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High Resolution Millimeter-Wave Spectroscopy of Metal Hydrosulfides and Imides

by Janczyk, Alexandra Julia.

Abstract (Summary)
The aim of rotational spectroscopy is to investigate the structure and the bonding character in molecules. Using millimeter-submillimeter experimental techniques, molecules are typically investigated in the ground electronic state. Therefore, one of the advantages of employing rotational spectroscopy is to determine the ground electronic state of the species under investigation. There are three different classes of molecules that are presented in this thesis: diatomic species ( BaS (1?+)), linear triatomic species (BaNH (1?+ ~1 ~ 2 ~1 )) and asymmetric tops LiSH (X A?), BaSH (X A?), CuSH (X A?) ~1 (X A?) , including their isotopomers. and AlSH Although the initial data for the BaS has been published, new rotational transitions are included in the initial data set to optimize the rotational constants for this species and its six isotopomers. The BaNH molecule is the first alkaline earth imide investigated in the gas phase. The spectroscopic data of the main isotope and its lesser isotopomers indicate a linear structure. DFT calculations suggest that the linear structure is a result of the ? bond between barium and nitrogen. The metal hydrosulfides studied here are asymmetric tops. LiSH, BaSH, CuSH and AlSH were found to be bent with an angle oscillating around 90°. Since the bond angle of 90° is close to that of H2S, it is believed that the sulfur p orbitals bond to metal and hydrogen. The hydroxide counterparts of the hydrosulfides that have been studied experimentally are either linear or quasilinear. The one exception thus far is CuOH, 11 which is bent with an angle of 110°. The hydrosulfide species are believed to have covalent bonding, in contrast to the metal hydroxides, which primarily have ionic bond character. The only investigated radical is the asymmetric top molecule, BaSH. The additional spin rotational terms along three molecular axes ?aa, ?bb, ?cc give insight into the nonspherical distribution of the one unpaired electron of the metal atom in its ground state. The non-spherical distribution has been explained by the presence of p? character, which was mixed into the ground state from the nearby excited electronic states: A? and A??. 12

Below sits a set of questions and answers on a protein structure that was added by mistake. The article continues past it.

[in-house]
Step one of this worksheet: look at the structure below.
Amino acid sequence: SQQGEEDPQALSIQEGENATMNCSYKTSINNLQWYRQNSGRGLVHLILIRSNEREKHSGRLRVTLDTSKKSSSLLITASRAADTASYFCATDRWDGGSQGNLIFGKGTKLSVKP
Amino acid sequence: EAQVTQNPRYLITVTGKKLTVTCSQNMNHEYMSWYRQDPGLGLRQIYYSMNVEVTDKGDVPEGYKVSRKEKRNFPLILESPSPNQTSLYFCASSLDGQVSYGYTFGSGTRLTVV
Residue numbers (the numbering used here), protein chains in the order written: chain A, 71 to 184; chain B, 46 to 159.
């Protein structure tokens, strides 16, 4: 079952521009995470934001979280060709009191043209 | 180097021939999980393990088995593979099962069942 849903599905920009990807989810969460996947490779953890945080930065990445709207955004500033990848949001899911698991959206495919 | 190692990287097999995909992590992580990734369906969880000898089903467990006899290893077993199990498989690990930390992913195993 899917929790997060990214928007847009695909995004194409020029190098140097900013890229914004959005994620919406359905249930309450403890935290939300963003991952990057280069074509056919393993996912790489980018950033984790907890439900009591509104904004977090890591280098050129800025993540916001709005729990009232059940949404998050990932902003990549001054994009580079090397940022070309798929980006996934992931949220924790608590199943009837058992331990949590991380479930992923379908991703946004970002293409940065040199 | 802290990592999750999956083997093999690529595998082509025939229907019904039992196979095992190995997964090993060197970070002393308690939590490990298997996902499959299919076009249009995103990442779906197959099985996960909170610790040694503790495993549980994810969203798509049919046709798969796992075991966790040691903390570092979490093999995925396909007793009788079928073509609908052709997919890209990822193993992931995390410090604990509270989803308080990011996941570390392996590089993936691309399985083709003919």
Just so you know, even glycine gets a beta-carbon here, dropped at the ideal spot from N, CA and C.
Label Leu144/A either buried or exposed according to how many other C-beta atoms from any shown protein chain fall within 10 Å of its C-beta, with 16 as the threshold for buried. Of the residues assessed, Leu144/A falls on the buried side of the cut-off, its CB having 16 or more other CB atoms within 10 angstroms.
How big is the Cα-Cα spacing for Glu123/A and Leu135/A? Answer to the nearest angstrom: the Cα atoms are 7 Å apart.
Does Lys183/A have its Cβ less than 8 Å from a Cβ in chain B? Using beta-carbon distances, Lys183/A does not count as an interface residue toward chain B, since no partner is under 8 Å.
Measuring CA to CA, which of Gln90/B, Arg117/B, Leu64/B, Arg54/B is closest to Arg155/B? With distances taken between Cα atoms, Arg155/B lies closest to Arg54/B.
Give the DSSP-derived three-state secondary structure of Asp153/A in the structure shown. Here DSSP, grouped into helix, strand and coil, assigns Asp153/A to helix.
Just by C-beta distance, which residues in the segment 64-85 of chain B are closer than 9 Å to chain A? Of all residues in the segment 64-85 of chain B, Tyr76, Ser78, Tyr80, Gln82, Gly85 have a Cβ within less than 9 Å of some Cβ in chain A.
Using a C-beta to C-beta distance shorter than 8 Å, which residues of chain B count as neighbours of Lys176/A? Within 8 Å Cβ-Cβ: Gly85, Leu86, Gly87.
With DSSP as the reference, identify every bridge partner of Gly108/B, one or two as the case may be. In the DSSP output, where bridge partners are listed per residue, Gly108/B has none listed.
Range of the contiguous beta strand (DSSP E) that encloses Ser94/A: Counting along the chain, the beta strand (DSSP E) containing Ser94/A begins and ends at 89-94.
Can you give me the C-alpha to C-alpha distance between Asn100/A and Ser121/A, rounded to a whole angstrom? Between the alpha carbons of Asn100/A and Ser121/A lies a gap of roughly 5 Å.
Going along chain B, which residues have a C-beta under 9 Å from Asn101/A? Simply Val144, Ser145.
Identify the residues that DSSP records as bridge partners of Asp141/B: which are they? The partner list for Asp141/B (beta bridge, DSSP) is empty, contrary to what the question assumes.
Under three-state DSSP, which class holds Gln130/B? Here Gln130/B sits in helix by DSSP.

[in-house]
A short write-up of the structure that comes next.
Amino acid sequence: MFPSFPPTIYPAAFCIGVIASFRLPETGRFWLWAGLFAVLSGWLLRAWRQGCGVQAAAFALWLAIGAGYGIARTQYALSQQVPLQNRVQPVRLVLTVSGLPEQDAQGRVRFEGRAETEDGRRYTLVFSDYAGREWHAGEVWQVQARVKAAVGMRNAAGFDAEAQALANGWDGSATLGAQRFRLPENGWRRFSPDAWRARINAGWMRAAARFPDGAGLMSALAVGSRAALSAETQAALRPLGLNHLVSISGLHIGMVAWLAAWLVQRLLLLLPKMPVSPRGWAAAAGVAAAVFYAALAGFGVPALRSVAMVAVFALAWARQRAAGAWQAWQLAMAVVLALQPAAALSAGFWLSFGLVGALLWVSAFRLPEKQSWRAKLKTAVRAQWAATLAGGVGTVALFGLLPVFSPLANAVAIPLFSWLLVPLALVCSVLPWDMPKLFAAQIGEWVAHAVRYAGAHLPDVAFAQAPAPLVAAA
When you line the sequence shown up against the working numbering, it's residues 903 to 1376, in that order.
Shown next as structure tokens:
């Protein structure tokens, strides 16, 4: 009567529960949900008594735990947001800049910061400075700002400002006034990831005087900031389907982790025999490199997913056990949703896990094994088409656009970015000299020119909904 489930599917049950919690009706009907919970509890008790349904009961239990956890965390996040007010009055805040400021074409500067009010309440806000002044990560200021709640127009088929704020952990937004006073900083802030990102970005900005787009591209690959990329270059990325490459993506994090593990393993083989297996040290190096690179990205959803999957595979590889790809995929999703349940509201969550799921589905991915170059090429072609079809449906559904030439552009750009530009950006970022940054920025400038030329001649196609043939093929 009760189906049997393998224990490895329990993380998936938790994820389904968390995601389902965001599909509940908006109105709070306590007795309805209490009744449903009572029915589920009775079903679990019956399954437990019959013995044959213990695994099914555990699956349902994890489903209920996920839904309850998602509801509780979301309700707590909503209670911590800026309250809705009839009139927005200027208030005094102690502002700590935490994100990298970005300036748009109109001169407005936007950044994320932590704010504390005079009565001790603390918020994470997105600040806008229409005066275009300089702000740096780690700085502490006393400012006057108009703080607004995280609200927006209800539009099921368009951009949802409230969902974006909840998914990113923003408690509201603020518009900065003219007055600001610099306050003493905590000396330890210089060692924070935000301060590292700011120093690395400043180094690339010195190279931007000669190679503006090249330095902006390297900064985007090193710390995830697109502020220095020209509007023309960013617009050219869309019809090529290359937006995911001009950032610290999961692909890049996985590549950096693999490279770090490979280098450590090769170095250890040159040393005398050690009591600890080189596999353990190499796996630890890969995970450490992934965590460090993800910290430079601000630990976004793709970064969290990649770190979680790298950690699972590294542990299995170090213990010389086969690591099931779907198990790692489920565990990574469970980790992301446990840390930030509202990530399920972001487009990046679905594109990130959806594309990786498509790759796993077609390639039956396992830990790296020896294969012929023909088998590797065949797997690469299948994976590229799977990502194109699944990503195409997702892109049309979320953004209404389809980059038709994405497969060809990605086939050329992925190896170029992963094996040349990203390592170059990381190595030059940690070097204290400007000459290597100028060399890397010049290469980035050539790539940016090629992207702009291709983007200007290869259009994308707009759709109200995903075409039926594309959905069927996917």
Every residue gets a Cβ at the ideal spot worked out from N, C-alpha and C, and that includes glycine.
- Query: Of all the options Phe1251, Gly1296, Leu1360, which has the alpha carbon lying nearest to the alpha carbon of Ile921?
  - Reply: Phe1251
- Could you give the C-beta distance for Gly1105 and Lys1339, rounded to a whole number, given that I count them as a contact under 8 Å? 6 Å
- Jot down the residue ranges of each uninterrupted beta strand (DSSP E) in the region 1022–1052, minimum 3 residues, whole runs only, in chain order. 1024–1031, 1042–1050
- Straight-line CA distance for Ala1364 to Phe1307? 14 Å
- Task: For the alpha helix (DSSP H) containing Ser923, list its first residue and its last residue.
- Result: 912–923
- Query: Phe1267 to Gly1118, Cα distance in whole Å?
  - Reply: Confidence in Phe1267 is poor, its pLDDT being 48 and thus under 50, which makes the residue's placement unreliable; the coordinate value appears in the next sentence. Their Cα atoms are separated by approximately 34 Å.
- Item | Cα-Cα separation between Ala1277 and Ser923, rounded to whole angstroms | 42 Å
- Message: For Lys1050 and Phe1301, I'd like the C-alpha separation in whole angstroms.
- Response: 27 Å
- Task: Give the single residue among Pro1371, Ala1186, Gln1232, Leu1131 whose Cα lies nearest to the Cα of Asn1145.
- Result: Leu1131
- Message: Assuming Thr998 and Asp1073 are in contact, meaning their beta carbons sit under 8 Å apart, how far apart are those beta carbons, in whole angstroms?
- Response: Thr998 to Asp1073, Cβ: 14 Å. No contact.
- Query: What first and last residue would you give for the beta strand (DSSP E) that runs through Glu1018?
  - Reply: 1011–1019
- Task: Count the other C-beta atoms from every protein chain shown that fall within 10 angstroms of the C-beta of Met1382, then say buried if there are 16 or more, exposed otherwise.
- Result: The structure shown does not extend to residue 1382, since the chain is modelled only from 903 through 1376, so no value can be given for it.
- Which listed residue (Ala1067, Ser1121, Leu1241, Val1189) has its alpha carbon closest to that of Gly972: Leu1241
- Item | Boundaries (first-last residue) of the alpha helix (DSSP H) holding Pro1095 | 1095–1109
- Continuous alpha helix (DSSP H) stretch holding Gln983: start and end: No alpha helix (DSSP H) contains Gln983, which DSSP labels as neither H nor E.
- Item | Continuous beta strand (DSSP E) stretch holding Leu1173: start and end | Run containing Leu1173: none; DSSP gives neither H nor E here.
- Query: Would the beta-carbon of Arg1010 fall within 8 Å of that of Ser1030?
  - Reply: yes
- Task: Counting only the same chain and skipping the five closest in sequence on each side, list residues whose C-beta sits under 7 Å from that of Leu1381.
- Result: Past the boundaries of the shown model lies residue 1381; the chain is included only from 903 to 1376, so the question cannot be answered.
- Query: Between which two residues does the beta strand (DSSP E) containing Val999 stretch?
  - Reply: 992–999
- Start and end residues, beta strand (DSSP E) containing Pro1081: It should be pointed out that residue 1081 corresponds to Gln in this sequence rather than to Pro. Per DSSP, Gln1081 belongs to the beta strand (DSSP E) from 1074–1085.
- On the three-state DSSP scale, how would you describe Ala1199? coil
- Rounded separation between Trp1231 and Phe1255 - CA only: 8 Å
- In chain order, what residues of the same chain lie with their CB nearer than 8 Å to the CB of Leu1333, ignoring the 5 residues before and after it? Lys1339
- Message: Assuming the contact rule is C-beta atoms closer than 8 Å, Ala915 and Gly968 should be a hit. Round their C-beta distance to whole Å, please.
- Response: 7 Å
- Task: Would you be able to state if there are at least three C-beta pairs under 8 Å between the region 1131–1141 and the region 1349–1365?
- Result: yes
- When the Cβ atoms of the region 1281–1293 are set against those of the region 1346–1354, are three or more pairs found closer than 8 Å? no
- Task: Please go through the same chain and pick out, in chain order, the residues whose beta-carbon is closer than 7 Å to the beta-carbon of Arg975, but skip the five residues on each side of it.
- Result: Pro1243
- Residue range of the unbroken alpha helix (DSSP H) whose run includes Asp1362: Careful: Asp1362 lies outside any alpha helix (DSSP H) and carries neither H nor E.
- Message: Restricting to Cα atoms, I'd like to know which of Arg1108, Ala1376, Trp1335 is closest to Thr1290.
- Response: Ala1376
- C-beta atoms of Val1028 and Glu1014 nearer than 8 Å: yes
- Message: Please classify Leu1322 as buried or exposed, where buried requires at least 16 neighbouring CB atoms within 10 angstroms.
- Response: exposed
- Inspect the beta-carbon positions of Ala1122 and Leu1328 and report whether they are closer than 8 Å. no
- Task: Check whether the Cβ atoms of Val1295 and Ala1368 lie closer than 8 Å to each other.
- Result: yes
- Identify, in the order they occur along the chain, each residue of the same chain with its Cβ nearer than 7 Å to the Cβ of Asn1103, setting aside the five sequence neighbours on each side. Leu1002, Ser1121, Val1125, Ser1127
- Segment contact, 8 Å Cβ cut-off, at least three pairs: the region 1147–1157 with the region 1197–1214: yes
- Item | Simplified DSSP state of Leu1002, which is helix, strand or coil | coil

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School:The University of Arizona

School Location:USA - Arizona

Source Type:Master's Thesis

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